By JOHN FLOWERS
WEYBRIDGE — Nine-year-old Matt Ouellette was scoping out his grandfather’s barn at Weybridge Farms last year when he spotted something quite ordinary, but quite interesting. It was an old, discarded lawnmower.
In it he saw some great potential.
“I thought I’d convert it into a solar car,” Matt, a third grader at Weybridge Elementary, said.
Matt decided to enlist his dad, Dean Ouellette, to help him put his idea into motion. Dean was just the guy to do it. He is a master electrician who has a side business called “Solar Wind Solutions,” through which he helps homeowners tap into renewable energy.
Dean knew his son’s idea had merit, but explained to him that the internal combustion engine in the old lawnmower wouldn’t fit the bill.
“We went on a mission to find something that would work,” Dean said.
They spent several months hunting through various junkyards and scrap heaps for the components for Matt’s solar car. Bit by bit, the pieces fell into place — a fractured pedal-car frame, some lawn tractor tires, strips of metal, a bicycle chain, and, finally, the key component: A DC motor. Dean explained that a DC, or direct current, motor is required to process electricity from the solar panels that must be affixed atop of the little car. The father-son duo wanted to stay away from expensive/unwieldy batteries as a means of storing solar power aboard the buggy.
Earlier this year, the Ouellettes brought their salvaged accessories to Weybridge Farms to do the final assembly. They welded together the pedal-car frame, put on the wheels, attached the chain and motor, and fashioned a metal frame on which to place solar panels.
The family had easy — though perhaps awkward — access to panels. Dean “borrows” two 32-inch-by-60-inch solar panels from atop the family home every time they want to fire up the new car. At $800 each, he’s very careful when handling the delicate devices.
Once installed, the solar panels send power to the DC motor, which is equipped with a switch that allows the driver to go forward, backward and stop.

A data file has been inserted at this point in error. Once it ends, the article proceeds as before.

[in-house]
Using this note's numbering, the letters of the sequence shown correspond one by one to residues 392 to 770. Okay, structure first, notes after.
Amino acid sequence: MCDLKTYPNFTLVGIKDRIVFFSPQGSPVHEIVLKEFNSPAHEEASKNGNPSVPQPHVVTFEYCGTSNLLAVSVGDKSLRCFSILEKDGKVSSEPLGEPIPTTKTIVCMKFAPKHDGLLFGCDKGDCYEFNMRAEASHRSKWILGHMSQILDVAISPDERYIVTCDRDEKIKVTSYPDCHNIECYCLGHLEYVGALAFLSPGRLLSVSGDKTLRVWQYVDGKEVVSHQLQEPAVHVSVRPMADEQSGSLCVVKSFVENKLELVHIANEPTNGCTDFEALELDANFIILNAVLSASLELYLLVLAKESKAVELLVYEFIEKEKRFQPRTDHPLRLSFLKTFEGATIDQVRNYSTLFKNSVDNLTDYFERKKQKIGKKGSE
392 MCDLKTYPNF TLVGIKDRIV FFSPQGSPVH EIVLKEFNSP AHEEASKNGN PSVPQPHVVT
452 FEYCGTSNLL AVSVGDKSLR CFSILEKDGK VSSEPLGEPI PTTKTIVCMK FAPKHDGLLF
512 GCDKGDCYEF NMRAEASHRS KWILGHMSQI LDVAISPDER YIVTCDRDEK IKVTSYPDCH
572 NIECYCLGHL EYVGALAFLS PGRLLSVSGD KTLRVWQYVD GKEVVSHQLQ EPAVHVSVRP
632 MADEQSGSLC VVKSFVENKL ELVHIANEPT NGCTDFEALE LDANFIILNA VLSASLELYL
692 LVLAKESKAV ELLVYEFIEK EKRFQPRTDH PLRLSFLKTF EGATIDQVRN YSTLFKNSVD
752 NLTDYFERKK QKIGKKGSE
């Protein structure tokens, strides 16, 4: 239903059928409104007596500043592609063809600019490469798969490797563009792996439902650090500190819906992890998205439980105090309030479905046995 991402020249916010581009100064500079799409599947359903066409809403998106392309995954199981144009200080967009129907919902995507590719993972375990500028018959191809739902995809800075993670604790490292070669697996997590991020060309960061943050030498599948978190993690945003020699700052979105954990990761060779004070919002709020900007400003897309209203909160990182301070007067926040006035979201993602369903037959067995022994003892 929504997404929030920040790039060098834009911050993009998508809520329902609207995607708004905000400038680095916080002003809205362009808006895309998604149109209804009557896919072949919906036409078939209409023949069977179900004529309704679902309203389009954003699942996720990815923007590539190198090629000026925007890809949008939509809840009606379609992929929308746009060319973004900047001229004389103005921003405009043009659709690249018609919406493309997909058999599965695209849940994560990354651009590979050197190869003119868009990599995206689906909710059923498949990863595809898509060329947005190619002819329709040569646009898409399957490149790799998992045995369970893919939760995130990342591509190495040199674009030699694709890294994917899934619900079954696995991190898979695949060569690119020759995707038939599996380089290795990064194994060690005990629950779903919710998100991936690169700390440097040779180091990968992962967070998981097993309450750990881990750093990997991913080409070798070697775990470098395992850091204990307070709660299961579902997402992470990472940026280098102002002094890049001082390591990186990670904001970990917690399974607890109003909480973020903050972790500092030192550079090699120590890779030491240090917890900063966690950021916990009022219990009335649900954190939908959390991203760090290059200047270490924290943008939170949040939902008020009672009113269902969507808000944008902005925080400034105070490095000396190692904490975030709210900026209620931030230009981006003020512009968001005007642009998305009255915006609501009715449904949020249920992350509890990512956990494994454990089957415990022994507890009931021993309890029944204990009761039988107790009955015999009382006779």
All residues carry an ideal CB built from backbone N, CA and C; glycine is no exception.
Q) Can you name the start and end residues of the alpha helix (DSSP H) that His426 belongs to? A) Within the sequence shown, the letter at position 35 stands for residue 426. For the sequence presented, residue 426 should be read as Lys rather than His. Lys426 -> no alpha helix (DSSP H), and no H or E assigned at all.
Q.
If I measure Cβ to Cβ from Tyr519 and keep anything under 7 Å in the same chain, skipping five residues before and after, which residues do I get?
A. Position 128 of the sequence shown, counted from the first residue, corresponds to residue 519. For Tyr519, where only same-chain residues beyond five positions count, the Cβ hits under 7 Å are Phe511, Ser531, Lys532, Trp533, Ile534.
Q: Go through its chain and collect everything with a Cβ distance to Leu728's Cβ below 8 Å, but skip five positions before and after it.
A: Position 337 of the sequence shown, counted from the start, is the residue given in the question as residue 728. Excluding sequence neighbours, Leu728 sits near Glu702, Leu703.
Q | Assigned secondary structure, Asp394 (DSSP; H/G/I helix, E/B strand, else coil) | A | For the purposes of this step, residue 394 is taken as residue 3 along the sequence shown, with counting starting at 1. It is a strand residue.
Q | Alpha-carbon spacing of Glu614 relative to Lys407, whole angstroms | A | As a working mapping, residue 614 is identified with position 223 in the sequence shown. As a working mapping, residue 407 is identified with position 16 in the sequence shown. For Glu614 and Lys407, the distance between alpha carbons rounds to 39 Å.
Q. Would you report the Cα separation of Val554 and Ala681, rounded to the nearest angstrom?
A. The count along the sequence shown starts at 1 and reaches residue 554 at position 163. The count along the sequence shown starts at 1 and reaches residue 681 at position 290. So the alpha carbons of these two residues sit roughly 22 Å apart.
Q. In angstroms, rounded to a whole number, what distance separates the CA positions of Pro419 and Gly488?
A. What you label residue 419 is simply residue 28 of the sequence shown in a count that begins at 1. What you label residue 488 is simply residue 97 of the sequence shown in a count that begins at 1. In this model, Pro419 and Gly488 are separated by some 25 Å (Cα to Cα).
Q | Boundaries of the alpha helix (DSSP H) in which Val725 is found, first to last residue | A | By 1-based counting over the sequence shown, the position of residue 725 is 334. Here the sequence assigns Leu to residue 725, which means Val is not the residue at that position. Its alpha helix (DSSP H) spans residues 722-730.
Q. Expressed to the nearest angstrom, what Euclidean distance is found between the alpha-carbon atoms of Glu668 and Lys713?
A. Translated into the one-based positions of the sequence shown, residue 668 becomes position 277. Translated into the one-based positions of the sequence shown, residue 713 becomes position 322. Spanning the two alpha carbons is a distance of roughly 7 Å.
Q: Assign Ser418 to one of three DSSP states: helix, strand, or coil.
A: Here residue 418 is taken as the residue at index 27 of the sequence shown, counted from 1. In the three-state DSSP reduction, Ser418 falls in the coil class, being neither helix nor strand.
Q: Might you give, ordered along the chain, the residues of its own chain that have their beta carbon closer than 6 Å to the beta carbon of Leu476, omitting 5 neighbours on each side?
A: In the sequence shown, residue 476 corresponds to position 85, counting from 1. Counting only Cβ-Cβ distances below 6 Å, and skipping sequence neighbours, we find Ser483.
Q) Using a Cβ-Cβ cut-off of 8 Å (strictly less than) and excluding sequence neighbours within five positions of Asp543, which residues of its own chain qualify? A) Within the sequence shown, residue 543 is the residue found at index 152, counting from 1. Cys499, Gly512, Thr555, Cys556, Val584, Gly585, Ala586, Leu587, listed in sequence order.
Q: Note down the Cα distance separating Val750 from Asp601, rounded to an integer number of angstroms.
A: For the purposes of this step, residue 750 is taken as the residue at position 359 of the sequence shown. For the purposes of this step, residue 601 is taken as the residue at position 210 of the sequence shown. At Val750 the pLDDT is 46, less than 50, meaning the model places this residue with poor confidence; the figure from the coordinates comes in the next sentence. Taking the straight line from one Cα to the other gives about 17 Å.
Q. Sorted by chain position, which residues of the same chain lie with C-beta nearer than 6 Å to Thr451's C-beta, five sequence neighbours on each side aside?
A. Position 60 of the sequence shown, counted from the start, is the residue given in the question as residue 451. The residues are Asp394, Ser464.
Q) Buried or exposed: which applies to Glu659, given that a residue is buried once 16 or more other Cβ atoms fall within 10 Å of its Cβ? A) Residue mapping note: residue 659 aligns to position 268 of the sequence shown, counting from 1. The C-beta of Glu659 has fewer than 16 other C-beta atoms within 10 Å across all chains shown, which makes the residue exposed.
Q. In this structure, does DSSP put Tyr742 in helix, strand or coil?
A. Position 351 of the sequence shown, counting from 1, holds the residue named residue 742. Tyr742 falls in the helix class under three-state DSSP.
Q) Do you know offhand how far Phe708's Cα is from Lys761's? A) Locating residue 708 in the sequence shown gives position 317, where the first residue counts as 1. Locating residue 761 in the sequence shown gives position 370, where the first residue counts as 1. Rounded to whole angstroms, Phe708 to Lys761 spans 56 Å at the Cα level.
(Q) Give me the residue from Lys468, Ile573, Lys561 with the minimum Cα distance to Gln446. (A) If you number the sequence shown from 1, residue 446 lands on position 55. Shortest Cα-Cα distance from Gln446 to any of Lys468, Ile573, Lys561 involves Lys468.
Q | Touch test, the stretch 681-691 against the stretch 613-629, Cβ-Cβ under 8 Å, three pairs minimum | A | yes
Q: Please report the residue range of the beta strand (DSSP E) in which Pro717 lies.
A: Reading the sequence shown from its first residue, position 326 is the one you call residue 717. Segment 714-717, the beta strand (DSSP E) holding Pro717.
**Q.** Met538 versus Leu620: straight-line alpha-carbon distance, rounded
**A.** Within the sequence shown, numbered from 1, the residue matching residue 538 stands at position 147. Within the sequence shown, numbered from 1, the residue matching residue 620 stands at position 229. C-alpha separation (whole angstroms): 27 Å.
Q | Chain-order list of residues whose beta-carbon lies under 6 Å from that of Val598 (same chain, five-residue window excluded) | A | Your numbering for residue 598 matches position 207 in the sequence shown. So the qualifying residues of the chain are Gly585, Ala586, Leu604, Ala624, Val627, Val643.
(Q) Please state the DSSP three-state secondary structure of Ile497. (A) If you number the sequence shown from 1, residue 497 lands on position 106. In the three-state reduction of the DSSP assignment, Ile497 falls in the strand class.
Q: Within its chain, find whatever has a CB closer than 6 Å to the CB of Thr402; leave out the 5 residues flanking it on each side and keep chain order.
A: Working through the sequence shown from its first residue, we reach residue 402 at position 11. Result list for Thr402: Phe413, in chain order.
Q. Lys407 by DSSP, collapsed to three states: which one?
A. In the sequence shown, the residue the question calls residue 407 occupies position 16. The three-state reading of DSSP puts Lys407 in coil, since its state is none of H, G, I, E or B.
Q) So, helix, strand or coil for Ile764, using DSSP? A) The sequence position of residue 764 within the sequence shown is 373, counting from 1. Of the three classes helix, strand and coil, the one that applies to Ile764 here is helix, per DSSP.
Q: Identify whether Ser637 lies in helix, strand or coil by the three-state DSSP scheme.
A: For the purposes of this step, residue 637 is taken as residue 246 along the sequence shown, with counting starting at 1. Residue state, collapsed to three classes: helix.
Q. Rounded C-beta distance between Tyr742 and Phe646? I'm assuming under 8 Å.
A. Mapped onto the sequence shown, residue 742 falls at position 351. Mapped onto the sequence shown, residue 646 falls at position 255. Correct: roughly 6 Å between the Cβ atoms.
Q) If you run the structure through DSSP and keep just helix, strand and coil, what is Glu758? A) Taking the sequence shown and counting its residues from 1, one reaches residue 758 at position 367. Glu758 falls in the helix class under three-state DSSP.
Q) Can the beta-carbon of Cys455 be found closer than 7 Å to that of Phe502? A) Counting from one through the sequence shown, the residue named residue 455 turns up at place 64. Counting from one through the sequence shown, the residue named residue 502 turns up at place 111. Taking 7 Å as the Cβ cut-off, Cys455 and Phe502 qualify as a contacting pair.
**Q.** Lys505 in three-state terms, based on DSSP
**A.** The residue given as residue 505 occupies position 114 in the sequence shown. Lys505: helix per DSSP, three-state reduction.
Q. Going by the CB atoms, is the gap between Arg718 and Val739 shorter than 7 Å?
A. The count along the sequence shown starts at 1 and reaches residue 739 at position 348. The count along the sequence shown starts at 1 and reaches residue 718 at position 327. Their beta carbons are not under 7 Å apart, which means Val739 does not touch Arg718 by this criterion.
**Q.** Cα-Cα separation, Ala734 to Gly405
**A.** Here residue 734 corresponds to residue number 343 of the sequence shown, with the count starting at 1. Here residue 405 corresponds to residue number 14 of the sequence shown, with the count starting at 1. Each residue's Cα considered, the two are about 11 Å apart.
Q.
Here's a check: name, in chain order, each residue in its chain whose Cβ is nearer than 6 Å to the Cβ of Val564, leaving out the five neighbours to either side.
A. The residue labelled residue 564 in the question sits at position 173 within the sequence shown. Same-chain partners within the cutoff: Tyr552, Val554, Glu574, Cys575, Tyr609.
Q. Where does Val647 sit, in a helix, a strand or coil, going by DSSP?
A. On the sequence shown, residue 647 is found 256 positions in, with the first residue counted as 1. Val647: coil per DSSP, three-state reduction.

“The motor likes to run at 120 volts,” Dean said, though it makes do on the approximately 72 volts generated by the two panels. It’s enough power to propel the little car (with the diminutive Matt) at a brisk walking pace. They conducted a brief experiment hooking the car up to four solar panels, which really put some zip into the motor, but Dean noted the small vehicle would not be able to support such a panel load, along with a passenger.
“We can’t mount four (panels) on it,” Dean said.
Matt likes taking the car for the occasional spin around his family’s backyard off Snake Mountain Road. He got a chance to show off the vehicle during a pretty impressive show-and-tell session earlier this spring at Weybridge Elementary. Matt showed his classmates the ropes during a demonstration outside of the school. A lot of other kids watched keenly from inside the school as Matt put the car through its paces.
Indeed, the car has proven to be an educational tool as well as an interesting mode of transportation. Dean said his son has become increasingly plugged into renewable energy information through television and other media.
“It has kind of sparked his interest,” Dean said.
Matt said he likes the car and drives it when it’s sunny and when his dad is able to wrestle the solar panels from the house.
Dean, in his job, has dealt mainly with the application of solar power to homes. This has been his first “moving” project.
“It’s been a learning process for me, too,” he said.